Hi, There are two problems you are facing: first you want to control where the resource assemblies are saved. Second, you need to tell the application from where to load the resources. The latter is easy to achieve: you can add an app.config file to your project and define in there which paths the .NET runtime should probe in order to find resource assemblies. For example, if you want to move the de-de, en-us etc. folders to a subfolder Content below the application directory, you would add the following configuration in app.config: <?xml version="1.0" encoding="utf-8" ?> <configuration> <runtime> <assemblyBinding xmlns="urn:schemas-microsoft-com:asm.v1"> <probing privatePath="Content"/> <!-- also search Content folder for assemblies --> </assemblyBinding> </runtime> </configuration> You could add a post-build event to your project that moves the assemblies from the default directory (below the app directory) to your desired directory. Paired with the configuration above you'd be done. If you are familiar with MSBuild, the next paragraphs might be interesting for you. Technically, it is possible to control where the resource assemblies are created. I don't know of any switch in the Visual Studio user interface to modify this behavior. However, the .NET SDK itself support the necessary options. So, if you compile everything by hand or if you use the msbuild system (which is preferable) you can achieve what you want without copying files in the post build event. The next paragraphs describe where the necessary setting is buried in the standard msbuild system. The default build process is mainly defined in the .targets file in the framework directory. For C# projects, Microsoft.Common.targets and Microsoft.CSharp.targets are the files of interest. Resource compilation is controlled in Microsoft.Common.targets. Satellite assemblies (that is, localized resource assemblies) are generated by first compiling resx files into .resource files. This is done in the GenerateResource task of the CoreResGen target. The next step is to link the resource files into assemblies. This is done using the AL task in the GenerateSatelliteAssemblies target. The OutputAssembly attribute of the AL task defines where the satellite assemblies should be saved. Its default value is $(IntermediateOutputPath)%(Culture)\$(TargetName).resources.dll.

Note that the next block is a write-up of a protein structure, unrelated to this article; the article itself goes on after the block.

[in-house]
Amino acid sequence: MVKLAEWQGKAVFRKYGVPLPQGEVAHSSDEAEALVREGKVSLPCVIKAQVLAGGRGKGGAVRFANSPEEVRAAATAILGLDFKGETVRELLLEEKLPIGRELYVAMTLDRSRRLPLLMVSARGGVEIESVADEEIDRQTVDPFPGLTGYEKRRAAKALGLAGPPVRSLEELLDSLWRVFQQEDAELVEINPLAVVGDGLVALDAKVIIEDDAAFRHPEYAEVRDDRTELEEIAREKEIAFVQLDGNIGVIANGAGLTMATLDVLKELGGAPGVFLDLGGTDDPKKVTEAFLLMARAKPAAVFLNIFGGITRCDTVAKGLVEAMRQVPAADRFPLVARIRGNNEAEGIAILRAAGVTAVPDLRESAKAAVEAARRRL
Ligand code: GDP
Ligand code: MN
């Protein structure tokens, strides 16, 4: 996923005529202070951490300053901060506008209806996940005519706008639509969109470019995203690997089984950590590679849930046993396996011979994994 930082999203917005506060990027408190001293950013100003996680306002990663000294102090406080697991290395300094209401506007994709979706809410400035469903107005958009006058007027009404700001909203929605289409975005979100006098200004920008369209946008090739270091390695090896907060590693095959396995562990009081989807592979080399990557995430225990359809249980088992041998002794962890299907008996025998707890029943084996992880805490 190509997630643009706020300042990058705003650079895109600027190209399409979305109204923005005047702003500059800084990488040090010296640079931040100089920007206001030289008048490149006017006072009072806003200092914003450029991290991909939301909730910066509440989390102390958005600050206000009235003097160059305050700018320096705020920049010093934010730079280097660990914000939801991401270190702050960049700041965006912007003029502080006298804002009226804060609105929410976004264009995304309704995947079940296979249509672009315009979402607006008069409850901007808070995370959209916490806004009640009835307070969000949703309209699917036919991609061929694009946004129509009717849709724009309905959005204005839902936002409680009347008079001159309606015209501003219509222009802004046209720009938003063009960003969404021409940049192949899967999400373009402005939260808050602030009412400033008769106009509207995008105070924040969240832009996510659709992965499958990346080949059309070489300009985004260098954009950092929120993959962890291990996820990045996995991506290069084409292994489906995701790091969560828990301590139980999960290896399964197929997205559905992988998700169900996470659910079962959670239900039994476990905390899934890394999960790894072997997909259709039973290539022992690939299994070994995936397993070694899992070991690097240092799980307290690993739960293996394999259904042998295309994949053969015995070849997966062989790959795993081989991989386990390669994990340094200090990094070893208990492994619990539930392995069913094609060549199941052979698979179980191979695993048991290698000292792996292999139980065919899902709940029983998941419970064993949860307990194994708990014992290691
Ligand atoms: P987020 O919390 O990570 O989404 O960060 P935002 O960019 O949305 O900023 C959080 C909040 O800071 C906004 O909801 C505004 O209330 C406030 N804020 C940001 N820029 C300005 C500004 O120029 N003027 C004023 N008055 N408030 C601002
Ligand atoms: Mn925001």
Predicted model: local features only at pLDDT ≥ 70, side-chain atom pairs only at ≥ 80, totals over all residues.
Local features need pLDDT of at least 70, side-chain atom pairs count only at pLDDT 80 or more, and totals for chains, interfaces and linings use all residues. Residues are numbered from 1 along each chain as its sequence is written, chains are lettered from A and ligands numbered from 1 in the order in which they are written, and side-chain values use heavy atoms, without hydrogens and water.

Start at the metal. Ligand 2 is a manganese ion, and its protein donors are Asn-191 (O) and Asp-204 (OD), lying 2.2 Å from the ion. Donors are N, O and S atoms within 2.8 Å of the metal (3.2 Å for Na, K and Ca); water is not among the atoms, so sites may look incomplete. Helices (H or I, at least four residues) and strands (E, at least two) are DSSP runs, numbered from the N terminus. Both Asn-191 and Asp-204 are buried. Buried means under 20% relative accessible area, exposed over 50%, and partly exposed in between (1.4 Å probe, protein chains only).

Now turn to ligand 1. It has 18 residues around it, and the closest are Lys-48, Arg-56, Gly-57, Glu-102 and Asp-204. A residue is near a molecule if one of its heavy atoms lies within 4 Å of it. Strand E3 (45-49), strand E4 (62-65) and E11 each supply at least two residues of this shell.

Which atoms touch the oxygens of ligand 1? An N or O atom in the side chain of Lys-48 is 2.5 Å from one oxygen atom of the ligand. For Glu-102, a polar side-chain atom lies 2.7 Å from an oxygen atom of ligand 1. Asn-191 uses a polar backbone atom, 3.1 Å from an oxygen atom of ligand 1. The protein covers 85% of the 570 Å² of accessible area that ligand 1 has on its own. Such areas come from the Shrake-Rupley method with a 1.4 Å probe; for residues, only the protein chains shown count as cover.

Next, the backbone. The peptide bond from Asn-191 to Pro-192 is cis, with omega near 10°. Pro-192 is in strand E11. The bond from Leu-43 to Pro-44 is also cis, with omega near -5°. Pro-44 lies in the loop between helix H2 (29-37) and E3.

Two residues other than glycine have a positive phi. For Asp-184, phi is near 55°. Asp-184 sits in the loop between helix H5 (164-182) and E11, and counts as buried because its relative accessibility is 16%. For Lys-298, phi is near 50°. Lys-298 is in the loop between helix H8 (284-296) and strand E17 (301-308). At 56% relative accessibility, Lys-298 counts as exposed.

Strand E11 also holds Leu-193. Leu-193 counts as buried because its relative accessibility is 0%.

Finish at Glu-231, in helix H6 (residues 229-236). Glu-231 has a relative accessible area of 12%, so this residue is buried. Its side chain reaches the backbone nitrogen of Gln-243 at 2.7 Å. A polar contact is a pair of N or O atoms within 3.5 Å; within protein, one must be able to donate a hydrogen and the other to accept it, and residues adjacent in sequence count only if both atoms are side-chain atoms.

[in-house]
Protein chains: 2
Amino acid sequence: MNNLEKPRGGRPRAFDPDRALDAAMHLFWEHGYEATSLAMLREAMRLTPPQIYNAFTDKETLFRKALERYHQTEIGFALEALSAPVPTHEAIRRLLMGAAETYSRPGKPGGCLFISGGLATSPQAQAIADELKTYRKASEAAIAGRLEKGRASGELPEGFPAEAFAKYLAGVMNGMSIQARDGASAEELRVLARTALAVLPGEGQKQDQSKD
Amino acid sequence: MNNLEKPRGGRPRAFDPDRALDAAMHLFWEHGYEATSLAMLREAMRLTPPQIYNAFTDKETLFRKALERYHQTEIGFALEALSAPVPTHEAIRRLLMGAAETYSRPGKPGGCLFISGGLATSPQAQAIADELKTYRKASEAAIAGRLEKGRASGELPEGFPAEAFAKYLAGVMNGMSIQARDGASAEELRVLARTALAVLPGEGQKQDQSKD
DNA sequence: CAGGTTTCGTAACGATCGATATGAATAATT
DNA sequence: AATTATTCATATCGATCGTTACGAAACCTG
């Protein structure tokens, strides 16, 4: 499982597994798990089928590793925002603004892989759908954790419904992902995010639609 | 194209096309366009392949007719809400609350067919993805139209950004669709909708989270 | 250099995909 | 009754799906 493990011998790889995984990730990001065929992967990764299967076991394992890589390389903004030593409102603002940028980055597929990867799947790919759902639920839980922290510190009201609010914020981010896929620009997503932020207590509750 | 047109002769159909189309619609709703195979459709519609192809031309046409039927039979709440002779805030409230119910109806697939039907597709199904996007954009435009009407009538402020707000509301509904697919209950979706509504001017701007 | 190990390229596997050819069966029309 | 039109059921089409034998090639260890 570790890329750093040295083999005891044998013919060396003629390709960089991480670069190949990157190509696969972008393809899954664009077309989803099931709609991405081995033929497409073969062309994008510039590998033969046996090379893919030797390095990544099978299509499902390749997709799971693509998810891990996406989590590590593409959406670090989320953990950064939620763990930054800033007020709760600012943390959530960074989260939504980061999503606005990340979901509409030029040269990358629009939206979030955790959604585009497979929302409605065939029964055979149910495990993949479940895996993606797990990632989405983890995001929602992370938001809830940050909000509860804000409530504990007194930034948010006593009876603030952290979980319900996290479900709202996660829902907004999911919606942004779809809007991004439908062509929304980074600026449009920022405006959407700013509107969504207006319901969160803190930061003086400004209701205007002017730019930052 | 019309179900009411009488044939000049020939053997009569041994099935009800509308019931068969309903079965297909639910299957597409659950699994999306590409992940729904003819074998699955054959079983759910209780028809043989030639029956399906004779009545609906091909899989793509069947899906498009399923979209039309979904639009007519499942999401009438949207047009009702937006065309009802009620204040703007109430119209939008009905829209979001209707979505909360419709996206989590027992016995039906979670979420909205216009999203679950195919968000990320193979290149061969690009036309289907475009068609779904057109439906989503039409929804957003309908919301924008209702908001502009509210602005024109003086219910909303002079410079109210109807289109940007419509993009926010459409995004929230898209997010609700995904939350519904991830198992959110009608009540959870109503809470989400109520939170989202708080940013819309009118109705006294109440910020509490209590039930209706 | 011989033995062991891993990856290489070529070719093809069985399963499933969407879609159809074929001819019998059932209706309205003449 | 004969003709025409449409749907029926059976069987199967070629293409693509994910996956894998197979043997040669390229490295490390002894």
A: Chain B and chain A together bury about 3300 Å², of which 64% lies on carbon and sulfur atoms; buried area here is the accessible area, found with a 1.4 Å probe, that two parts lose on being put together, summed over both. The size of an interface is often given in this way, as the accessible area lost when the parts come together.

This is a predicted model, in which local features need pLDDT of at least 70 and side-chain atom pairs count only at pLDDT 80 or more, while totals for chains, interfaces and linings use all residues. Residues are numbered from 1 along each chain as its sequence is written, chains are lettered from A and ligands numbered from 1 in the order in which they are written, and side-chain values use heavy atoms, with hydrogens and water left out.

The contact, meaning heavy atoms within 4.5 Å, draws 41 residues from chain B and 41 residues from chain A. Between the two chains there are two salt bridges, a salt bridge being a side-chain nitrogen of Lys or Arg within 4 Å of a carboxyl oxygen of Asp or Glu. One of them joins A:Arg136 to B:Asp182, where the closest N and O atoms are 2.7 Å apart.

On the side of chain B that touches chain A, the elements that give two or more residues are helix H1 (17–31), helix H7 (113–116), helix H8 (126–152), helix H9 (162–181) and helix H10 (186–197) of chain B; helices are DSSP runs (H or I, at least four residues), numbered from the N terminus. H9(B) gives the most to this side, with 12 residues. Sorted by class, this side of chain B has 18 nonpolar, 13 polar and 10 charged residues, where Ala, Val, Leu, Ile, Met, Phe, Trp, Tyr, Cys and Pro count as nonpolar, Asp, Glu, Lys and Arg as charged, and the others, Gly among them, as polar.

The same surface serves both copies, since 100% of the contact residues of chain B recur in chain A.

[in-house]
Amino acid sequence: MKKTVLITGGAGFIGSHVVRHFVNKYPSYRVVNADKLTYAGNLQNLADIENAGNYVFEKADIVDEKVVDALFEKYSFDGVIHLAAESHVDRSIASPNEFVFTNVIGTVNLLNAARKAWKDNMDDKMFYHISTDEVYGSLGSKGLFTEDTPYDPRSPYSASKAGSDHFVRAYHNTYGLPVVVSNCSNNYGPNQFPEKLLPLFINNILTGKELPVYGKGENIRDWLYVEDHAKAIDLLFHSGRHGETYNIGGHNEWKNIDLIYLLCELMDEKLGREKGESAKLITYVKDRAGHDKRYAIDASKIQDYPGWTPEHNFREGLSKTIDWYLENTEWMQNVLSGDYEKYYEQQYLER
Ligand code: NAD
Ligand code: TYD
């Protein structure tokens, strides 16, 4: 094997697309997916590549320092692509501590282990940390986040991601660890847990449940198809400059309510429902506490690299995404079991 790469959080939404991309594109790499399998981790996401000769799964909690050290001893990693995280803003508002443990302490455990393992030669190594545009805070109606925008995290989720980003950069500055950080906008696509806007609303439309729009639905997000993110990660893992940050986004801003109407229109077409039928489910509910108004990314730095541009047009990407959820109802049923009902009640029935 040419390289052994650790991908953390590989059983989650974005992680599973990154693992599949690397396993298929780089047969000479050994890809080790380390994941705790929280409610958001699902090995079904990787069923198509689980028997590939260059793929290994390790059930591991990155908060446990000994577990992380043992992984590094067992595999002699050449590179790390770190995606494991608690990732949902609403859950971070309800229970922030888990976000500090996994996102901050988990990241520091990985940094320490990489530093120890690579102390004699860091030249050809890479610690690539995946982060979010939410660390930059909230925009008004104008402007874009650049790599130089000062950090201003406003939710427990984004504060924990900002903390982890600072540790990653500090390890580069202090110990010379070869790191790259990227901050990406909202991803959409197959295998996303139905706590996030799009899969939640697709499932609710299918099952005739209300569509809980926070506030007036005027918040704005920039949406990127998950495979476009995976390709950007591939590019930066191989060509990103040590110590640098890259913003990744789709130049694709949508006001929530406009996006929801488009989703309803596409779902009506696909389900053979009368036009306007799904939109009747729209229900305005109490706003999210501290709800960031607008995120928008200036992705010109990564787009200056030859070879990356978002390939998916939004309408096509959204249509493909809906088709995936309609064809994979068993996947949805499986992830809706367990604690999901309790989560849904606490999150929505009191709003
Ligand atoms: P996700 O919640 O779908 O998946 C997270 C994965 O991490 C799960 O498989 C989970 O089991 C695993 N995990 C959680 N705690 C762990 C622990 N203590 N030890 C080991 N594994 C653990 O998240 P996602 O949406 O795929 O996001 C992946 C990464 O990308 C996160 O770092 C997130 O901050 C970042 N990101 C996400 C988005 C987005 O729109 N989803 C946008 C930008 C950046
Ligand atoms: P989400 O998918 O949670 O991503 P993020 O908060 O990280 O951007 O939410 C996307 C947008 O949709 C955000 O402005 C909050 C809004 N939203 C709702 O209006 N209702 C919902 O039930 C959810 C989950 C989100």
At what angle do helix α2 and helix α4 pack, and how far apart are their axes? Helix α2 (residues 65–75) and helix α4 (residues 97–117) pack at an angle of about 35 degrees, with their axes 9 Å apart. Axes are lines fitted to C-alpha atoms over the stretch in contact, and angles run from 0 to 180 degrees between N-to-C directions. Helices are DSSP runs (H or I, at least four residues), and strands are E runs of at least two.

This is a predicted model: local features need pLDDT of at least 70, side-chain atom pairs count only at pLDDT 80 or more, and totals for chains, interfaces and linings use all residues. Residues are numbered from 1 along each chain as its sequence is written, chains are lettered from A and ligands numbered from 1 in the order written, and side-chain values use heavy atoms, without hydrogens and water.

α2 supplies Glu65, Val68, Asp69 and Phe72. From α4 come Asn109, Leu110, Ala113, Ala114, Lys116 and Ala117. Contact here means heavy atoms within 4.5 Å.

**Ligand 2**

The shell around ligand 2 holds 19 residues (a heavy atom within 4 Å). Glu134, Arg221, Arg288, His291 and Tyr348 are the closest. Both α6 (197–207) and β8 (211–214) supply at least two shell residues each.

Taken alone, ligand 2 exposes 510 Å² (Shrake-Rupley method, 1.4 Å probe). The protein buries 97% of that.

8. VizOne

    [.net] C# Template

    The directory is controlled by the BaseIntermediateOutputPath property in your csproj file. Edit the .csproj file with an editor and add something like the following to the proper PropertyGroup (probably the one without the Condition attribute): <BaseIntermediateOutputPath>..\MyObjDir</BaseIntermediateOutputPath> More info on properties you can set: http://msdn.microsoft.com/en-us/library/bb629394.aspx To make this the default, yes, you need to modify the project template. It's not very difficult, though. For VS2010 it works like this: - Locate the project template zip file, for example at Microsoft Visual Studio 10.0\Common7\IDE\ProjectTemplates\CSharp\Windows\1033\ClassLibrary.zip - Unpack it somewhere - modify the files as needed, ie. for example change the classlibrary.csproj file to include the property I mentioned above - modify the vstemplate file to give the template a proper ID (<TemplateID>) and name (e.g. <Name>My Custom Project</Name>) - put the files into a new zip file (e.g. MyProject.zip) - add the new zip file to the template folder (see above) - reset visual studio by calling devenv /setup from Microsoft Visual Studio 10.0\Common7\IDE - you should now be able to select your new project type from the File=>New Project window Be sure to make backups etc. before messing with the files. But then again, I never found the obj folder to be a problem. If I really feel the need to clean up the working directory, I use the proper command from my versioning system (e.g. "git clean -xfd" or "git clean -Xfd") which wipes out anything that is not part of the repository. Still it's nice to now the properties, especially if you use msbuild for automated builds. [Edited by - VizOne on May 21, 2010 9:48:27 AM]
  9. Quote:Original post by Lio But as far as i could find it had no way to sort a linkedlist or keep the order of already sorted elements. That's probably because linked lists are not the best data structure to keep sorted. You might want to look into sorted trees, like binary search trees (red-black trees, avl trees, b-trees) or prefix trees aka tries (if the keys resemble strings). In .NET, SortedDictionary is a tree-based key-value data structure (a red-black tree in fact).
  10. VizOne

    [.net] C# - returning a ref?

    Add returns the value that was stored at this. Because E2D_Entity (strange naming btw) happens to be a class, this value is either null or a reference to an object of type E2D_Entity. Add will, however, not return a reference to the slot this itself.